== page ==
So the search, again, continues for a white minivan, in this particular case, as well witnesses do -- have told police -- some of the witnesses that we've heard from, describe, again, hearing a single gunshot. And this is -- there have been three confirmed shootings at a gas station, but at this point police have not linked this shooting to the sniper killer, and they also say that it is too early to tell whether or not folks should find some sort of link into the gas station. Wolf, back to you.

BLITZER: Thank you very much, Ed Lavandera, we'll be standing by and getting back to you, of course, as news warrants.

Kathleen Koch is sitting here next to me. You've been covering this story almost from day one. Why is it taking so long to make a 100 percent conclusive determination that this latest shooting in Virginia is connected to the shooting spree in the Washington area? KATHLEEN KOCH, CNN CORRESPONDENT: Well, Wolf, even if the circumstances are very similar, what police need is hard and fast ballistic evidence.

Now, in the case of the boy, remember Monday morning who was shot at Benjamin Tasker middle school around 8:00 a.m., they were able to recover a bullet very quickly from him and determine by about 5:00 p.m. that that shooting was linked. However, in the case of someone who has been killed by a shooter, they have to follow a special procedure. There has to be a formal autopsy, and they have to handle this evidence in such a way that it can be used in a court proceeding later. So we're really not expecting to learn possibly until tomorrow whether or not this shooting is definitively linked.

BLITZER: It will take 22, 24 hours.

The other major development in this entire greater Washington area, schools, young people, children Friday night here in Montgomery County, normally football games, cheerleaders. What's the latest on that so-called lockdown situation?

KOCH: Wolf, there are a lot of schools that had started to get as close to back to normal as is possible. A lot of kids are still not allowed outside for lunch, recess, things like that, but some schools were initially going ahead tonight with football games and the like. But obviously because of this shooting, many schools, particularly here in Montgomery County, all the schools are back to code blue. Virtually all afterschool activities have been canceled.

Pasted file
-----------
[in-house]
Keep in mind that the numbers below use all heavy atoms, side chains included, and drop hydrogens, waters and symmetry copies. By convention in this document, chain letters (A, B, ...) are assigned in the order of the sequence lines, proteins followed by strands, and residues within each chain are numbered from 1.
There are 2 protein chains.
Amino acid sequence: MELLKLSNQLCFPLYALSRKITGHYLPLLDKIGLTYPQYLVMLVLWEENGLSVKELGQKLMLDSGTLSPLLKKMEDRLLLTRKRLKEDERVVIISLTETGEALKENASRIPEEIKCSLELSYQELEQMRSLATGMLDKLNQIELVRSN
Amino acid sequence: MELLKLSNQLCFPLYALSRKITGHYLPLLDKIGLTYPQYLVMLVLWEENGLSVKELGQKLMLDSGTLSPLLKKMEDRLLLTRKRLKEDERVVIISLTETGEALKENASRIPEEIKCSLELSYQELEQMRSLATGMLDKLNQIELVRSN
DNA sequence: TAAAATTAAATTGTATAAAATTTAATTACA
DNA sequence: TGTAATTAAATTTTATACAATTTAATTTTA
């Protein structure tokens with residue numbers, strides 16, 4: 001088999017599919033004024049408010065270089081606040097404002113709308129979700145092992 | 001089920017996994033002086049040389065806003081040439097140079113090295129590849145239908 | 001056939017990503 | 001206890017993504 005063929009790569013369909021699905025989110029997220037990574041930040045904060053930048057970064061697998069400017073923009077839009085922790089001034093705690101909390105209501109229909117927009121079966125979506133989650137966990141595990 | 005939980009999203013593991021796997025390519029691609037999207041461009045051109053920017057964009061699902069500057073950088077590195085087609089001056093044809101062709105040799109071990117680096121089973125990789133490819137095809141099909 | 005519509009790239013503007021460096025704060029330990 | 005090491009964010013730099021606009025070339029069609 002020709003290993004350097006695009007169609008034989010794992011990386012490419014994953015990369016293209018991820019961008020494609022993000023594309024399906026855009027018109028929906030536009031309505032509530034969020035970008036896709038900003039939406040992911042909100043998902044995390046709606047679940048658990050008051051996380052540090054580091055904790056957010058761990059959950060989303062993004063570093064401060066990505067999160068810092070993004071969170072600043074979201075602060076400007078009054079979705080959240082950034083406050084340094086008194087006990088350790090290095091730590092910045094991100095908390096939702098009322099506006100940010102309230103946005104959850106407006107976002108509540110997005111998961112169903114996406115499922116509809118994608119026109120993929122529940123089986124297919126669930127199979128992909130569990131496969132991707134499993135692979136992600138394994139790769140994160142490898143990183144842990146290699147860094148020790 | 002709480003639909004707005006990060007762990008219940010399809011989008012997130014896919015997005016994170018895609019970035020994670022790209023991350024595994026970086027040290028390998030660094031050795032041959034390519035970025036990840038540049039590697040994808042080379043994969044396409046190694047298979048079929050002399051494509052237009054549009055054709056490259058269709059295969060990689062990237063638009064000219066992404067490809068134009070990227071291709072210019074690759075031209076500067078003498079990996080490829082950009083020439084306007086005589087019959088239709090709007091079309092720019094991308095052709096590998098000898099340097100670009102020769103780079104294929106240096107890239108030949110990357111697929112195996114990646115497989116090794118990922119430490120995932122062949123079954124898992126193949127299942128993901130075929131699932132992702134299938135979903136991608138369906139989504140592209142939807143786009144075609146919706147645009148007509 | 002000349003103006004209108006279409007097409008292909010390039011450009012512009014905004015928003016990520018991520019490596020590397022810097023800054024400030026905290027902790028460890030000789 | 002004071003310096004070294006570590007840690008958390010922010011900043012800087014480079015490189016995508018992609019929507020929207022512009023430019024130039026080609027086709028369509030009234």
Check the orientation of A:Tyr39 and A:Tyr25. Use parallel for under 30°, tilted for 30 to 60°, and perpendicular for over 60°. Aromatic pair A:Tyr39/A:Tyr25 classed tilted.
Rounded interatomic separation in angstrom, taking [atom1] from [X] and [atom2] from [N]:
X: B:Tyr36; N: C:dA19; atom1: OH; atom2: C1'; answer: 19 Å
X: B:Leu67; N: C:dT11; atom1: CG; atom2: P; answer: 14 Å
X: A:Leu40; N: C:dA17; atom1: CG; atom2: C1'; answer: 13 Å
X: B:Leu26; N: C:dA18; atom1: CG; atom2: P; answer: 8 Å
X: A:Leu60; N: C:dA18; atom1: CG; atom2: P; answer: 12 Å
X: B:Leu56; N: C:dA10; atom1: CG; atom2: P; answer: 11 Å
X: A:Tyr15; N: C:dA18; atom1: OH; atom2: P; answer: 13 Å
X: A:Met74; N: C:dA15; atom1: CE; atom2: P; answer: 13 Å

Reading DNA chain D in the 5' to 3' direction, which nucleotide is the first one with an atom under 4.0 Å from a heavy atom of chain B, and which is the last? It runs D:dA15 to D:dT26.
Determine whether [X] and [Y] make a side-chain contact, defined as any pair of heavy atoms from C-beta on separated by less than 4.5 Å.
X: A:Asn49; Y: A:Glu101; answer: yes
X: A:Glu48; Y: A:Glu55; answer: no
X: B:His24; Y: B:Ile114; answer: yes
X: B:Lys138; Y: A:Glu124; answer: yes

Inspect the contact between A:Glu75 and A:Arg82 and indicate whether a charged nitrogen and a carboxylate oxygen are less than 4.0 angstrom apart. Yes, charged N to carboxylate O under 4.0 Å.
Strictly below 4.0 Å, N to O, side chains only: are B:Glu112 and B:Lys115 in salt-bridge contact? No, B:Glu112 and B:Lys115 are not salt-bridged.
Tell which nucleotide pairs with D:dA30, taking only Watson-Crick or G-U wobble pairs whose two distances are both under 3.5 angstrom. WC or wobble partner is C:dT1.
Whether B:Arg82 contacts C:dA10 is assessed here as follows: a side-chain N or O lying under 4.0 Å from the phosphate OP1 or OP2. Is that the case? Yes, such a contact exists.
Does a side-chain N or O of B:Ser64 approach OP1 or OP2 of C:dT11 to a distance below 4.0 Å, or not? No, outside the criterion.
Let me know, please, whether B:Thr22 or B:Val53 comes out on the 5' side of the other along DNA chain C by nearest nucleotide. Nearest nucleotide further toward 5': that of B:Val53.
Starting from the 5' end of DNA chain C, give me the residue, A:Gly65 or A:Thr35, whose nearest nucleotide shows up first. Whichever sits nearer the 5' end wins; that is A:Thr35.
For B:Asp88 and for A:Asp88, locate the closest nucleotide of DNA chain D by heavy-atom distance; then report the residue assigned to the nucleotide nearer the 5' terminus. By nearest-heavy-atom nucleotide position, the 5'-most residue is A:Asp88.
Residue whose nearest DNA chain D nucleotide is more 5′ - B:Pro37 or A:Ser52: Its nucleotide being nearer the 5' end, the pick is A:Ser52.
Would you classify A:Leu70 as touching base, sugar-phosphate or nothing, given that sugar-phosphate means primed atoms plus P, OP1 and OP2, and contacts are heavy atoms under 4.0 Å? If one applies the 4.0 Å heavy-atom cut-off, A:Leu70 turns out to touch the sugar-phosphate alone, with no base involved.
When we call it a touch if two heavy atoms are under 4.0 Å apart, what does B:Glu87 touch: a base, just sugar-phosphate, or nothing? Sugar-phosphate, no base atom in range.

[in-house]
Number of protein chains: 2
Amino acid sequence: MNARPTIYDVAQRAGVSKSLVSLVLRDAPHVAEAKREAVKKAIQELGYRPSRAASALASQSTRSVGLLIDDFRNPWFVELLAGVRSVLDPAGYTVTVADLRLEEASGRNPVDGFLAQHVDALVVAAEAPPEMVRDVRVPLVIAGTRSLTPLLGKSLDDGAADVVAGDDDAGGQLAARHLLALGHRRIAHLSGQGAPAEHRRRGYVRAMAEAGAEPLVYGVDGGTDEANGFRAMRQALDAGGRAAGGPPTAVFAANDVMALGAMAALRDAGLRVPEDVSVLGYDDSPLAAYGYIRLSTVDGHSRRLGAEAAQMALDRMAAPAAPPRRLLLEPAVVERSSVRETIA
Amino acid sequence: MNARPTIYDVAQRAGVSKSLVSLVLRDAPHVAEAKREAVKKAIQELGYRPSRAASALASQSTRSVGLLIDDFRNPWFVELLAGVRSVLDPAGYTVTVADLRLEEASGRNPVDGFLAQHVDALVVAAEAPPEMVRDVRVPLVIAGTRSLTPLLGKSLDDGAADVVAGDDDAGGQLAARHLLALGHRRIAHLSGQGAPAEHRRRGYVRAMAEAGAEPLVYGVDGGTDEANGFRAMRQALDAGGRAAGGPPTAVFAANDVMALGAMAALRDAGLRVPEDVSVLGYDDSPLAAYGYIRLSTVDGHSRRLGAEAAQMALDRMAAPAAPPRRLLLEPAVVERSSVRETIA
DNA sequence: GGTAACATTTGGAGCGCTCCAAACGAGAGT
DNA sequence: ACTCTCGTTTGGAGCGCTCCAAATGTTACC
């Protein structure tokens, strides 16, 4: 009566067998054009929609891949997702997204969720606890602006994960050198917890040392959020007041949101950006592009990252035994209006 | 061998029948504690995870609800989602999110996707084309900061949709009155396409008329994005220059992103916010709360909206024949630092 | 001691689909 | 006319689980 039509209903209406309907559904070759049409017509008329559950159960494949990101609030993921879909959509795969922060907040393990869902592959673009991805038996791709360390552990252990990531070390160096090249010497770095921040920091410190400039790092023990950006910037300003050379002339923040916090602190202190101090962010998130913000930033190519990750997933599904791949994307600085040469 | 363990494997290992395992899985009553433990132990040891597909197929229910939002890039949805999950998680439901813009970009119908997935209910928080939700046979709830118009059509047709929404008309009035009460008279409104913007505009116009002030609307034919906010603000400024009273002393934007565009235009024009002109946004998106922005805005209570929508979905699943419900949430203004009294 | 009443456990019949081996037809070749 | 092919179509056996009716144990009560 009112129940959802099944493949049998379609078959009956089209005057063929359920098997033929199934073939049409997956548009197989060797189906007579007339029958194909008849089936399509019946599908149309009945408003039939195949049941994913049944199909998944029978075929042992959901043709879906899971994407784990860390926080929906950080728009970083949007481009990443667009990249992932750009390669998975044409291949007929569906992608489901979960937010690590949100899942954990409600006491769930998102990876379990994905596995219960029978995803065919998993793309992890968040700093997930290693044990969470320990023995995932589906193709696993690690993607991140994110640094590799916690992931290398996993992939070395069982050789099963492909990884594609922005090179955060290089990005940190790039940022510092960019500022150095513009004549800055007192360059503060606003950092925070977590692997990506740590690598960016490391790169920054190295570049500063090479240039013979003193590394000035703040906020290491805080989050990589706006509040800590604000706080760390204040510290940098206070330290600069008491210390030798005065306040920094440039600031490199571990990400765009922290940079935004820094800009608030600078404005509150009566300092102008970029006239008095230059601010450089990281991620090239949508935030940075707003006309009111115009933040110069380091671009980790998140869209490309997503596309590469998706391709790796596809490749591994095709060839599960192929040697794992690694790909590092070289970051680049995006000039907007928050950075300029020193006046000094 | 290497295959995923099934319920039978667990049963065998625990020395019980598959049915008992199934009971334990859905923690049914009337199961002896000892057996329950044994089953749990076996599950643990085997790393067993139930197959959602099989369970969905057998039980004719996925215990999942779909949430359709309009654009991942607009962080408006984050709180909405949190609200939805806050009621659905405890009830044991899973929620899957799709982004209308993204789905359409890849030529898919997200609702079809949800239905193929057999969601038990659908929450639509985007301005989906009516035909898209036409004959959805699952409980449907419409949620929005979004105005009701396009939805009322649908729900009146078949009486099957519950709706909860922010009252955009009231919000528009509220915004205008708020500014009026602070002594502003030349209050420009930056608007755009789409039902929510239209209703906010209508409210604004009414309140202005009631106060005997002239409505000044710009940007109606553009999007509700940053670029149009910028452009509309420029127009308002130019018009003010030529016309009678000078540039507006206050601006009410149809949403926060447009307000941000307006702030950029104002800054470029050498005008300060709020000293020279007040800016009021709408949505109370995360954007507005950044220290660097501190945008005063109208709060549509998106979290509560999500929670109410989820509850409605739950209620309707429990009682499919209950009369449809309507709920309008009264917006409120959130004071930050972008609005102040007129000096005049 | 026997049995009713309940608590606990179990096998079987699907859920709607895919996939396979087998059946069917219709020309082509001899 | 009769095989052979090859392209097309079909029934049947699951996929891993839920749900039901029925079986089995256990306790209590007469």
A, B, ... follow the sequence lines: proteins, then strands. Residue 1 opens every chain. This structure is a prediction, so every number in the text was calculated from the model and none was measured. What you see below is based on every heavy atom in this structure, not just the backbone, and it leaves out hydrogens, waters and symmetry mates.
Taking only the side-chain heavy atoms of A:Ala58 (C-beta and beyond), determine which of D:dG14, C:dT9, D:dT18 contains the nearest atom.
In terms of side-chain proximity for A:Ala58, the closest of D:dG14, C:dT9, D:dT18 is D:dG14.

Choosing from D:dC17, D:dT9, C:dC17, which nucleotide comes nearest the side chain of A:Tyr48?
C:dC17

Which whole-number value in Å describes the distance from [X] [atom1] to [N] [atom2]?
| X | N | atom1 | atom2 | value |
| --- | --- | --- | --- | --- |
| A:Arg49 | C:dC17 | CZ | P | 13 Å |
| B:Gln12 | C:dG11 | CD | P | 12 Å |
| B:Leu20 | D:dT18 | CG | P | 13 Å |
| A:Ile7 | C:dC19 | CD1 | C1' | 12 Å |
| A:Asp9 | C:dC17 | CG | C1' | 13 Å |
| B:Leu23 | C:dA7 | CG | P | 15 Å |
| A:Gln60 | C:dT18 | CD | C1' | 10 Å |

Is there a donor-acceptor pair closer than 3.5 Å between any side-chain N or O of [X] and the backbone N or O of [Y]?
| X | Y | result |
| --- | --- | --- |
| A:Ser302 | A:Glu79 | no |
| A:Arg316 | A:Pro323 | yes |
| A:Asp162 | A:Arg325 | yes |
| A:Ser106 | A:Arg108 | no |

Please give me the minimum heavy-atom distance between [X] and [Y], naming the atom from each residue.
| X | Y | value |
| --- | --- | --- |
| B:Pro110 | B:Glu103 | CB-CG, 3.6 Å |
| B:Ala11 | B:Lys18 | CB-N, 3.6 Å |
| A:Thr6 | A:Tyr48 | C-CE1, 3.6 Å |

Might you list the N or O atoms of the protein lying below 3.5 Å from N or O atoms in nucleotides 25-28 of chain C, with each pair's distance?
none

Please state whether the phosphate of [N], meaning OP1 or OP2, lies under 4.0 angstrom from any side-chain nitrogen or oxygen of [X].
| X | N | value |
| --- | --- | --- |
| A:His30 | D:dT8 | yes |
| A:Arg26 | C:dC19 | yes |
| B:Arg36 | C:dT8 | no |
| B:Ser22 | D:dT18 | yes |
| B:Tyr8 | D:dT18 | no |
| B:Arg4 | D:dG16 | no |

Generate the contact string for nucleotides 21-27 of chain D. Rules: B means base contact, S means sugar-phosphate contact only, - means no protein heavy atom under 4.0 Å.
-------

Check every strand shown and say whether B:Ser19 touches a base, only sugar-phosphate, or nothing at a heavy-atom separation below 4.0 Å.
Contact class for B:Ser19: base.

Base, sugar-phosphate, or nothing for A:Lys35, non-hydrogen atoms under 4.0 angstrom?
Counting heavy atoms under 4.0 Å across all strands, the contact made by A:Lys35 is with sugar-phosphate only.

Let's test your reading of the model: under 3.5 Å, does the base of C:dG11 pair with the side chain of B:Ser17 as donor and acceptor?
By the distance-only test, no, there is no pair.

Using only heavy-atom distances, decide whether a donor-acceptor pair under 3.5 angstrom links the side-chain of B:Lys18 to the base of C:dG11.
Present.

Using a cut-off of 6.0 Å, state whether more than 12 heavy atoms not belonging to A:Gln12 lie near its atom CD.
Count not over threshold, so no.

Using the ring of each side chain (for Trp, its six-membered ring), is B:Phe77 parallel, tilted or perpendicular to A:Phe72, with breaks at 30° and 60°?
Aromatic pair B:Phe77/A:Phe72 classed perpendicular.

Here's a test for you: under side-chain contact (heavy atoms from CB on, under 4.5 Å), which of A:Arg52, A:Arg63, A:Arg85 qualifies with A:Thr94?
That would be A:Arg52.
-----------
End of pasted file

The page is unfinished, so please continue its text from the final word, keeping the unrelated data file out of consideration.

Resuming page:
And throughout the weekend as well now; that extended to schools now very far south of Washington in Virginia -- Stafford County and other counties that initially hadn't been taking some of these precautions that they've been taking in Prince George's County and Montgomery County areas.

BLITZER: Kathleen Koch, thanks for that report.

And we're standing by here awaiting this news conference at the top of the hour. The Montgomery County police chief, Charles Moose, the County Executive Doug Duncan, presumably accompanied by others who are going to release this illustration, this aid to help in this investigation. We'll have, of course, live coverage, and Judy will have much more coming up on "WOLF BLITZER REPORTS." That's at the top of the hour. For now, back to you, Judy.

WOODRUFF: All right, Wolf, thank you very much. And with us now is the governor of the state of Virginia, Mark Warner. Governor, thank you for talking with us.

This is now the second shooting in your state in just a matter of a few days. It may well be linked to this spree of sniper shootings. Are the citizens of Virginia in the Washington suburbs safe?

GOV. MARK WARNER, VIRGINIA: Well, actually, this is the third shooting. There was an earlier shooting in Spotsylvania, then the one in Prince William, then this shooting today. Let me assure you that all available public safety resources are being committed to this effort. The task force that have come together after the first shooting in Spotsylvania that included all of the police chiefs as well as the state police was actually meeting in Fredericksburg this morning. They have been meeting on this case since it developed, and were all on the scene.

So we're doing everything we can, and I think the families across Virginia and across the whole D.C. metro area should know that law enforcement is working in a much more coordinated fashion than perhaps in previous incidents like this.